Opinion: No laughing matters


I told my wife the other day that the stress of writing a weekly newspaper column was getting to be too much for me.

“Look, Mary Ellen, we have been stuck in the house for a year and there’s nothing left to write about. Plus, you put a stop to articles making fun of you.”

“All right, Dick, because I can see you are desperate, I will lift the moratorium as long as I can approve the stories before you send anything out.”

“Could I do a column about how when you go grocery shopping, you never buy the kinds of stuff I like? You just buy healthy low-fat and organic food.”

“You wrote that in June of 2016. Wasn’t funny then. And besides, look at what good shape we are in.”

“How about one describing how little you know about sports, and that you ask really silly questions?”

“That would be June of 2006 and August of 2018. And I still think it’s a good question, why they call it a strike when the player doesn’t hit the ball. Or why the clock in football says five minutes left and the game is still going on 20 minutes later. Can’t they buy a better clock?”

“Wait a second, Mary Ellen, have you been keeping track of the columns where I make fun of you?”

 “Yes. Out of 1,100 columns you’ve written, I have been the brunt of the humor 275 times. And they were all complete exaggerations, taking advantage of what a good sport I am. In those where you’ve made fun of your own behavior, you told it just like it really happened.”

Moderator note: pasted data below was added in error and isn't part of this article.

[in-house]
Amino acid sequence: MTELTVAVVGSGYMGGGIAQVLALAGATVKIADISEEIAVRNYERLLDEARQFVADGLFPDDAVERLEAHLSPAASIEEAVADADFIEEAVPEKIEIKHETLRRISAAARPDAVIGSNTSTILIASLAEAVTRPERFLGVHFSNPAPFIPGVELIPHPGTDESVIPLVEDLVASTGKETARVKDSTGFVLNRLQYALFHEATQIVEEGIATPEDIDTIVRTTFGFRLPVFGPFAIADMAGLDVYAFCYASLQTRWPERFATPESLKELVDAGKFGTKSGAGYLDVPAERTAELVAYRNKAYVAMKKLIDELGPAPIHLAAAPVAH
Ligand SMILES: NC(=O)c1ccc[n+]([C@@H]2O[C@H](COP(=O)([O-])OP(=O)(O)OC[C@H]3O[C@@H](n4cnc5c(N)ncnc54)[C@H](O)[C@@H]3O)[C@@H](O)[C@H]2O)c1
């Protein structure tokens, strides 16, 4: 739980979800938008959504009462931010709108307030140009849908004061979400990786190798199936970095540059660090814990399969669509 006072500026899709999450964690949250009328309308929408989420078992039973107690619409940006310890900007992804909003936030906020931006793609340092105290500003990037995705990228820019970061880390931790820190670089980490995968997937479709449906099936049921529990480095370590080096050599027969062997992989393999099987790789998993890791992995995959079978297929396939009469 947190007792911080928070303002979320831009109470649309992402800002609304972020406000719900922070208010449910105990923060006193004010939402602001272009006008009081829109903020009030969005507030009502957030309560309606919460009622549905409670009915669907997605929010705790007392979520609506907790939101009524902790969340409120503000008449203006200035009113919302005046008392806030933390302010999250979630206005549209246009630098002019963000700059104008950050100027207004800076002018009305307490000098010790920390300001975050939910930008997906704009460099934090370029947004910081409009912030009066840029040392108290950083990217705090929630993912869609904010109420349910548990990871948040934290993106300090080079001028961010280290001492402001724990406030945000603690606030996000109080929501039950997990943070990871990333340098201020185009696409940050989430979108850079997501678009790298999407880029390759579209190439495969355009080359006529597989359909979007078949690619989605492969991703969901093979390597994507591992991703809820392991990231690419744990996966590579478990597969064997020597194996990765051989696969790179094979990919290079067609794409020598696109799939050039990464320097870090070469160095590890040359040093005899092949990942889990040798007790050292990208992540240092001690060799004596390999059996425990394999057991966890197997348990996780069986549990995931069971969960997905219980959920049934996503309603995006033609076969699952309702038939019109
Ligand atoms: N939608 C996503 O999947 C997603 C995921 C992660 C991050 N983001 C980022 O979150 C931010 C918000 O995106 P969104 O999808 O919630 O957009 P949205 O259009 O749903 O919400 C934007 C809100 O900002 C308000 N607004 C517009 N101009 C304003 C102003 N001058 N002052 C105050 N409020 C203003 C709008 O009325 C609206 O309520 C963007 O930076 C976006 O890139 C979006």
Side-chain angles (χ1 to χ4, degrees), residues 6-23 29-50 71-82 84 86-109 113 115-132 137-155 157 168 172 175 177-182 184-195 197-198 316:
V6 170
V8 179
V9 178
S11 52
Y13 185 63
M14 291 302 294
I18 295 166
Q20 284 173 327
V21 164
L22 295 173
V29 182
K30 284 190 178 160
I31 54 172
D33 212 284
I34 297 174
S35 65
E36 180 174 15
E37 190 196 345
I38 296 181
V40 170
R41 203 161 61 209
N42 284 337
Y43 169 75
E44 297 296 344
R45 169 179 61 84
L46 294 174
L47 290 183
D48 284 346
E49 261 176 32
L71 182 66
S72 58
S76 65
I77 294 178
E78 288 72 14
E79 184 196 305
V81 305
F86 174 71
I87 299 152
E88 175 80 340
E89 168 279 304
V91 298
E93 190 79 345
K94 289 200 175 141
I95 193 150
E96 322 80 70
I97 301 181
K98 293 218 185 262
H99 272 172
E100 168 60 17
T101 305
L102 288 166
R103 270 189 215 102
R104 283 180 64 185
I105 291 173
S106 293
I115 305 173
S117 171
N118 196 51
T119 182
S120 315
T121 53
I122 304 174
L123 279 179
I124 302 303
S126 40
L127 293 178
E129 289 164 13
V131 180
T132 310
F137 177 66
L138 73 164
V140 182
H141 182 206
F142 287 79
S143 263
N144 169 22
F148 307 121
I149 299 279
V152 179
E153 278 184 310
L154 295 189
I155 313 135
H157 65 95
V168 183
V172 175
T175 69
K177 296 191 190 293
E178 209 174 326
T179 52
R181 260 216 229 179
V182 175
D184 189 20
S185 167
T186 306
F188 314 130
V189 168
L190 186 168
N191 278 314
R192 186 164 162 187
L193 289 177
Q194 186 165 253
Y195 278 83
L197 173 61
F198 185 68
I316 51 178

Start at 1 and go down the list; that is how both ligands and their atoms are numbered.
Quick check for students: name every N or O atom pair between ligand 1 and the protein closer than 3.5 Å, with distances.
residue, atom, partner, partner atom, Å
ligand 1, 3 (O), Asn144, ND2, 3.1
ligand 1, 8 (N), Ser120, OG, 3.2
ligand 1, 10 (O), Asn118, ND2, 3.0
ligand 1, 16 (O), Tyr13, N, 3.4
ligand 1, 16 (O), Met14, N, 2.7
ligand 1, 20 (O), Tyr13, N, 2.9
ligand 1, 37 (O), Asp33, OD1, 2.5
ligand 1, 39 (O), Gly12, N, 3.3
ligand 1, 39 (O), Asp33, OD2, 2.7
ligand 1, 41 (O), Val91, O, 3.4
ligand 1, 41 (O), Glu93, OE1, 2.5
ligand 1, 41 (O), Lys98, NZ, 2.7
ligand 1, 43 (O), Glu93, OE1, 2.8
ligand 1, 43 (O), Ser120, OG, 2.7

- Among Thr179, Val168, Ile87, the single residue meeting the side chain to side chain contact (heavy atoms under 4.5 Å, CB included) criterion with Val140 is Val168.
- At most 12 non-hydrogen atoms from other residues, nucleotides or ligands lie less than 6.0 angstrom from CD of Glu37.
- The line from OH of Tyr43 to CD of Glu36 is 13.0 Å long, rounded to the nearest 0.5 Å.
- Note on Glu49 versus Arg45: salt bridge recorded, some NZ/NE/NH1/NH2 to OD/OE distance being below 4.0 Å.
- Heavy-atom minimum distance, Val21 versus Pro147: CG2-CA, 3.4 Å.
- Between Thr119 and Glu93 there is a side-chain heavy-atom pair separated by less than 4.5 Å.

“For example?”

“You really did lock yourself in the garage naked; you really did put on another guy’s underwear at the gym; you did flood the bathroom with your Waterpik; you did leave your cellphone in the freezer. You are an honest writer … about yourself. But with me, you take a lot of liberties.”

“Well, can I do a column about how you return every gift I get you for Christmas? One time you returned it before you unwrapped it because you guessed what it was: a Keurig Coffee Maker.”

“That was November 2019. And for the record, I didn’t return the $100 Amazon gift card this past Christmas, and I plan to keep the flowers you gave me for Valentine’s Day.”

“OK, Mary Ellen, how about the time you were stopped for an expired plate? You asked the cop how you would know the plate had expired when you were sitting up front in the driver’s seat. I didn’t make that up.”

“I don’t remember that incident.”

“Maybe I’ll remind you in the next column.”


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